Mar 20, 2017

[Theater] The Nether (Red Turnip Theater)

Red Turnip has certainly developed a reputation for selecting some pretty interesting plays that may not always be big Broadway hits but certainly have something interesting to say. And I do appreciate that discernment when it comes to their show selections and thus the reason they've become a regular part of our theater calendar for the year.

The Nether seemed interesting without knowing too much about the play as it's not often you get productions that tackle science fiction. I don't precisely know why this is the case but there's something about the genre that doesn't necessarily make it the first choice for folks writing plays.

The beauty of science fiction isn't to be found in the big flashy scenes that movies fill with special effects. Instead it's more about how such future worlds are used as a lense to examine our own reality from a different perspective. Thus it uses the alien the make things more familiar.


Synopsis: The Nether is a science fiction crime drama written by Jennifer Haley, a Los Angeles writer with a focus on the ethics of technology. The Red Turnip staging of the show was directed by Ana Abad Santos and staged at the Power Mac Center Spotlight Theater at Circuit Makati from March 10 to April 9, 2017.

In the near future, we meet Detective Morris (Jenny Jamora) as she begins he questioning session with Sims (Bernardo Bernardo). She's trying to determine where his the server for his virtual realm, The Hideaway, is located. In time it is revealed that this virtual space is being used to indulge in more controversial and potentially illegal interests and Morris is determined to shut Sims down. This interview is juxtaposed against her session with Doyle (Bodjie Pascual), a professor who seems to have information related to Sims that could be essentially to getting the charges to stick.

Beyond these interrogations, the rest of the story is told as a flashback as to what happened at The Hideaway. This is a virtual realm designed to appear like a Victorian homestead and is one of the places in The Nether (formerly known as the Internet) that seems to have found a way to best simulate all the little touches that make things feel real. But The Hideaway's beauty is only meant as a distraction for what dark deeds truly go on there.

What I Liked: At the center of the tale of The Nether is the character of Iris, masterfully played by Alba Berenguer-Testa (alternate: Junyka Santarin). Her portrayal of Iris is just amazing and at times you wonder if she's really an avatar being operated by a adult or perhaps some sort of advanced AI. She is endearing and warm when needed but can quickly shift into a manner that feels cold and somewhat distant without being stereotypically robotic. She surprised both me and Tobie and we really enjoyed her time on stage.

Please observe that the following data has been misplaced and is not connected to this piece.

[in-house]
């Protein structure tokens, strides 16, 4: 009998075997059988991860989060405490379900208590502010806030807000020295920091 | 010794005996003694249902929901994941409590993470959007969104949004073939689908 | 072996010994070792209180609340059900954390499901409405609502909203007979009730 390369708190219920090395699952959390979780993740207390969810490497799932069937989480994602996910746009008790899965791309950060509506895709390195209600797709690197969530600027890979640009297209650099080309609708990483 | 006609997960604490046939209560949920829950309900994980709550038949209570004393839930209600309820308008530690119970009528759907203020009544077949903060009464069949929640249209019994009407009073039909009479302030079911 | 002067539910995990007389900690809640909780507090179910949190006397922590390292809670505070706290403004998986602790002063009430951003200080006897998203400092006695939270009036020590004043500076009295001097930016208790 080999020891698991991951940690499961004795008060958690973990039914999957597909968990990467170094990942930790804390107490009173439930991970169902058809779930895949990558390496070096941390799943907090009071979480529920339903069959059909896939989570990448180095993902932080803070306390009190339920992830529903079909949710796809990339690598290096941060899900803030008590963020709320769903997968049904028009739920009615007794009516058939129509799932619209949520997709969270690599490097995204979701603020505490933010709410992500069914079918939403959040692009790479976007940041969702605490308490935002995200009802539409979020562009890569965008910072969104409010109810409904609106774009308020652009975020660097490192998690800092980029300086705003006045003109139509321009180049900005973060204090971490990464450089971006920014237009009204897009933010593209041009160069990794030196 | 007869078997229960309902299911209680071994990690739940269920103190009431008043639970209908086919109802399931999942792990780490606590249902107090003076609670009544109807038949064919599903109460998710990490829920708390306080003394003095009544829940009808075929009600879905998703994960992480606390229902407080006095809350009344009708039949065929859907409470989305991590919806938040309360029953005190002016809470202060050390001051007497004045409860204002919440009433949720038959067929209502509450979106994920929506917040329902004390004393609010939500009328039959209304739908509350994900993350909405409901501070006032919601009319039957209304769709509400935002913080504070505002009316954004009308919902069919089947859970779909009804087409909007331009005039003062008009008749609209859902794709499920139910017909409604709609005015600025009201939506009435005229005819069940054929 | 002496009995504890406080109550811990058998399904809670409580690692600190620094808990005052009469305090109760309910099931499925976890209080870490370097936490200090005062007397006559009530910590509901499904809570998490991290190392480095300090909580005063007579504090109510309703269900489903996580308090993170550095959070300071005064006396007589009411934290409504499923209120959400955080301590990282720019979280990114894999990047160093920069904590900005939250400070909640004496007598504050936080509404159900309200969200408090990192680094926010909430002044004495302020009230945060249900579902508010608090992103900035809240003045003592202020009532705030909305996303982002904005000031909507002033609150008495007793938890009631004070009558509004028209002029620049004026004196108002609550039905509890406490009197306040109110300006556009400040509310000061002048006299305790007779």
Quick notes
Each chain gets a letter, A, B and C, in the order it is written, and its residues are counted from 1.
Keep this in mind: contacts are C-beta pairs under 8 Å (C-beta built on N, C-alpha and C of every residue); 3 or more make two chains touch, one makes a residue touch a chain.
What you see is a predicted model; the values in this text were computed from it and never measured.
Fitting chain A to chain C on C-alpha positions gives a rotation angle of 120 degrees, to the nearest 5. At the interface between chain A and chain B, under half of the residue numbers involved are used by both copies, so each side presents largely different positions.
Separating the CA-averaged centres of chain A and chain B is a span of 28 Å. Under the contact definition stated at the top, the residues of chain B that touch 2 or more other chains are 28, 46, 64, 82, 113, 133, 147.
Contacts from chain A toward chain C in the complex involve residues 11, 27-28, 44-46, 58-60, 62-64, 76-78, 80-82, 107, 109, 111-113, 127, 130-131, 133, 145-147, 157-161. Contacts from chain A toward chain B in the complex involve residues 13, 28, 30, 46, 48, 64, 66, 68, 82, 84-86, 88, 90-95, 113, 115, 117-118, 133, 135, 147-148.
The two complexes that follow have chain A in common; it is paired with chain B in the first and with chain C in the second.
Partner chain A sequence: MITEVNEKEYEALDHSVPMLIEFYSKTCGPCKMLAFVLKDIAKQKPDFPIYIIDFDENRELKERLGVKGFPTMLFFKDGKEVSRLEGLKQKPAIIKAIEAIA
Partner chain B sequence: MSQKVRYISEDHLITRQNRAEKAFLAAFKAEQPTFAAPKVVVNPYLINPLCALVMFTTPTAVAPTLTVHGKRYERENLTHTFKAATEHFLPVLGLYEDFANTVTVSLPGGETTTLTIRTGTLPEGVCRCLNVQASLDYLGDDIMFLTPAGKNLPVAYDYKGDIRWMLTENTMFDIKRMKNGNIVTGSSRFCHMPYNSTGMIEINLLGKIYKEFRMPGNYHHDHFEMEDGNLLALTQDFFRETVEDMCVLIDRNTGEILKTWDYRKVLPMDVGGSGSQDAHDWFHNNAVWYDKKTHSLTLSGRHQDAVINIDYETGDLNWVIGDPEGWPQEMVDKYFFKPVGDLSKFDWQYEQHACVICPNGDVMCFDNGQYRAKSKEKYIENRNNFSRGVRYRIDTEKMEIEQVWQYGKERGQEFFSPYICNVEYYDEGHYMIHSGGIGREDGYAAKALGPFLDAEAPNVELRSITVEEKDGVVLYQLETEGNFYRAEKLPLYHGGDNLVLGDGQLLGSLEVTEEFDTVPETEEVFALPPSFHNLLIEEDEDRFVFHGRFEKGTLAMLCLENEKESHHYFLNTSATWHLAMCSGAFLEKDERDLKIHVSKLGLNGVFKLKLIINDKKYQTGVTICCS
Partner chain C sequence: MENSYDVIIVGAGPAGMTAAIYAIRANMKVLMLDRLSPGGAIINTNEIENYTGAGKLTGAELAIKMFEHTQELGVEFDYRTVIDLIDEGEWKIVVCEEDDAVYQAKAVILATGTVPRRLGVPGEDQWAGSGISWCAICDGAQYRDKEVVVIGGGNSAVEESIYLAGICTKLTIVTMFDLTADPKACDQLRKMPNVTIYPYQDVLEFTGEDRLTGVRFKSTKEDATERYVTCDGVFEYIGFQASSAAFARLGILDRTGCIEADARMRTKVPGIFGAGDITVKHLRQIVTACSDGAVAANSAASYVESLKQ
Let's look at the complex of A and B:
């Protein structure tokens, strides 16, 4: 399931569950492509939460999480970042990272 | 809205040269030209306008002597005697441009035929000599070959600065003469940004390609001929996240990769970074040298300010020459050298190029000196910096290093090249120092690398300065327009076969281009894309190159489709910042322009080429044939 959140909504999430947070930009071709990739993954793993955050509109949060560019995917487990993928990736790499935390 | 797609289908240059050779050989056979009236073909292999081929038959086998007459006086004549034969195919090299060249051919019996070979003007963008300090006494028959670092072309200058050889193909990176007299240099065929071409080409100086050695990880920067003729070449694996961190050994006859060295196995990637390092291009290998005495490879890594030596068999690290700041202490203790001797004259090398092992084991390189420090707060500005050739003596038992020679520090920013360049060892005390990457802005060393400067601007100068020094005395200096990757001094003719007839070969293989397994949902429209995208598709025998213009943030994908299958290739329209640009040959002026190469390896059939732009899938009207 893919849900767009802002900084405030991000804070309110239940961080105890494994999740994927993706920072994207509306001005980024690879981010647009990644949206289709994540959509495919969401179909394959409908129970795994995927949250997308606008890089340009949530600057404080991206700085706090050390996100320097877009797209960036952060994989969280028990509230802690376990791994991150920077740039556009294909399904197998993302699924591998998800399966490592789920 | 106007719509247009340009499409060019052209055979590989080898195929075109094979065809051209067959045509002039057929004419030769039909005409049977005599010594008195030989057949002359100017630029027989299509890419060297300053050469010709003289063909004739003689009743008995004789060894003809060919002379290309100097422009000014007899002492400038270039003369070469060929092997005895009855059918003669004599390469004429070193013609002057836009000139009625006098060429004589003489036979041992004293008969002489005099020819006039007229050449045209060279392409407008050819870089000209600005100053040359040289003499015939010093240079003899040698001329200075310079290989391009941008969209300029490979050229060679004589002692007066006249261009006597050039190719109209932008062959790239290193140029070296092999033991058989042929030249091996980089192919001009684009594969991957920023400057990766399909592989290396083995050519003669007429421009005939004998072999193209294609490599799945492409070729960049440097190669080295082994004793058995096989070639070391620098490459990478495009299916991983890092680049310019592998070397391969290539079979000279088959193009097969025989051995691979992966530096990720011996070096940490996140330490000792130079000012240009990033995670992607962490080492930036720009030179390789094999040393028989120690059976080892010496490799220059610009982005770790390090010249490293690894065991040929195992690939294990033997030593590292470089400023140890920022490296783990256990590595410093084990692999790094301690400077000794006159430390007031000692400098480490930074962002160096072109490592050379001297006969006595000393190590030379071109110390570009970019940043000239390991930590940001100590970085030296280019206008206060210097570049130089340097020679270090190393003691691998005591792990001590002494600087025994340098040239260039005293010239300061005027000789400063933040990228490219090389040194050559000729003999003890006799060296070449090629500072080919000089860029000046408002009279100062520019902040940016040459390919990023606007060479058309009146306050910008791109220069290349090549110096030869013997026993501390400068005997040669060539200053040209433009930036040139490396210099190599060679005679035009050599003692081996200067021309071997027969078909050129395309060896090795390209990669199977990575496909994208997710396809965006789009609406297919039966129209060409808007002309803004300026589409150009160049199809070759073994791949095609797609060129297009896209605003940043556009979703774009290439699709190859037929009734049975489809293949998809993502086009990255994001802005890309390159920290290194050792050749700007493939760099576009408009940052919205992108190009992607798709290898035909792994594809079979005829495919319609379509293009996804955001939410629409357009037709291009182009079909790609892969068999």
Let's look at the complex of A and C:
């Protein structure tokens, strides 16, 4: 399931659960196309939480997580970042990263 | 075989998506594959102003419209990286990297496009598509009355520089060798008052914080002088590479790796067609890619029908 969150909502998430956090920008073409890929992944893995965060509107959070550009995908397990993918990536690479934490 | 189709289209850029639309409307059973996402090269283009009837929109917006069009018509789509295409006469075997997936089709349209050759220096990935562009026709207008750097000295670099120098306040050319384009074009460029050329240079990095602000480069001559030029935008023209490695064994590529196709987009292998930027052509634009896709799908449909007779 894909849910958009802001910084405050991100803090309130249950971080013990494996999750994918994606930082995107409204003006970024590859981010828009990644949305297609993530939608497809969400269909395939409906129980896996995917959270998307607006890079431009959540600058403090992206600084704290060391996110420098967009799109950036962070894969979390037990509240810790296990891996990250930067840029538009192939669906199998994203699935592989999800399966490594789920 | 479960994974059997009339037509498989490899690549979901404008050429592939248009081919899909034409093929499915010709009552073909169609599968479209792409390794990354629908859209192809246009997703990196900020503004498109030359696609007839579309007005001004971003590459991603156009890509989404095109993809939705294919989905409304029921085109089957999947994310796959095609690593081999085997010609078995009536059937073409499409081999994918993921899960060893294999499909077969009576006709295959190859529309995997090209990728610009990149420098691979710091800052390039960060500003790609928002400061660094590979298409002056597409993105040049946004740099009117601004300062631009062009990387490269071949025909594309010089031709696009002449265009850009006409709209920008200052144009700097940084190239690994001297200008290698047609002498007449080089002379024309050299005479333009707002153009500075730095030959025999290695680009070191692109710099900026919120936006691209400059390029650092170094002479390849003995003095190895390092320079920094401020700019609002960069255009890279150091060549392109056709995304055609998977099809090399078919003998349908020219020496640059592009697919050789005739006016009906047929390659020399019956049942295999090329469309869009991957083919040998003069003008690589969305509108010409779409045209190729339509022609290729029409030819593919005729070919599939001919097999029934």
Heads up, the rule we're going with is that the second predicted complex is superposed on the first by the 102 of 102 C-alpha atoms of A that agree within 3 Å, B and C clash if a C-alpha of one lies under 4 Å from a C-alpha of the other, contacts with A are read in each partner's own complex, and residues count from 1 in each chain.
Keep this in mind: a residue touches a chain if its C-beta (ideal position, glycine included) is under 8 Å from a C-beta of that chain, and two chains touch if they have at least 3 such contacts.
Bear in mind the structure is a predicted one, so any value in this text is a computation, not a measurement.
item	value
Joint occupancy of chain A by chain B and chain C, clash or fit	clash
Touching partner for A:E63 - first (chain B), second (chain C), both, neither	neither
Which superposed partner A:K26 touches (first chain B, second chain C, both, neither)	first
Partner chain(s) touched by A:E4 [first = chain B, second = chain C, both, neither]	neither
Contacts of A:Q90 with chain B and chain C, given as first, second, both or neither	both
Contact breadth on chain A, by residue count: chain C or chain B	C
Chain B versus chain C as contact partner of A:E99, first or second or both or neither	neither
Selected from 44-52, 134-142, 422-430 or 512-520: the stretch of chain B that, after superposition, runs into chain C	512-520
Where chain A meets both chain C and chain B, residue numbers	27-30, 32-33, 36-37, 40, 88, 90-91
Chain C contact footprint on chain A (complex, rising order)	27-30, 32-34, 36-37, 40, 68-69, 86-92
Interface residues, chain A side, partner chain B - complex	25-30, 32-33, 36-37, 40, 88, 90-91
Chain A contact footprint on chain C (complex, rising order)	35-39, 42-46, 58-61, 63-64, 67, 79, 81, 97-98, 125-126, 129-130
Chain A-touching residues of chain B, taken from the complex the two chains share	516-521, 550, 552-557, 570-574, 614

And as you can get from my introduction, I really appreciate the sort of deeper stories one can explore with science fiction and the way this play was crafted clearly shows an understanding of that. The production didn't try to distract you with flashy efforts or crazy costumes in this regard. They managed to convey just enough to remind us that this something happening in the future without cheapening the story.

What Could Have Been Better: The way this play was written was certainly a somewhat heavy-handed attack on pedophiles on the internet. There's just cause for that for sure but the way it translated into the production felt a little clunky at times and I feel it's both a writing challenge and somewhat an acting concern in terms of how such moments were portrayed. It's a lot to juggle on top of the whole science fiction setting and at times the messaging got a little murky.

There were also a lot of odd bits about the direction that were perhaps more annoying that deal breakers, if you get my drift. I don't quite get why moments of Morris reading her notes in the terminal involved slowly looking across the room in a slow pan - was her monitor moving away from her? She also maintains a mostly angry, shouting manner whenever she's onstage thus making her feel quite one note and reducing the impact of the key moments when she really does want to convey anger or when she needs to go in the opposite direction. Bernardo and Pascual both had some great moments on stage but similarly some of their dialog was lost in shouting bits or when drama translated into mumbling.

TL;DR: The Nether is a thought-provoking play that tackles a potentially controversial subject in a manner that is designed to make you feel uncomfortable. But the way this is done is quite beautiful on the whole and thus it's really up to you to determine how to put all the pieces together and decide what you want to take away from this production. Thus the play gets a great 4 possible creepy moments between Iris and the other characters out of a possible 5.

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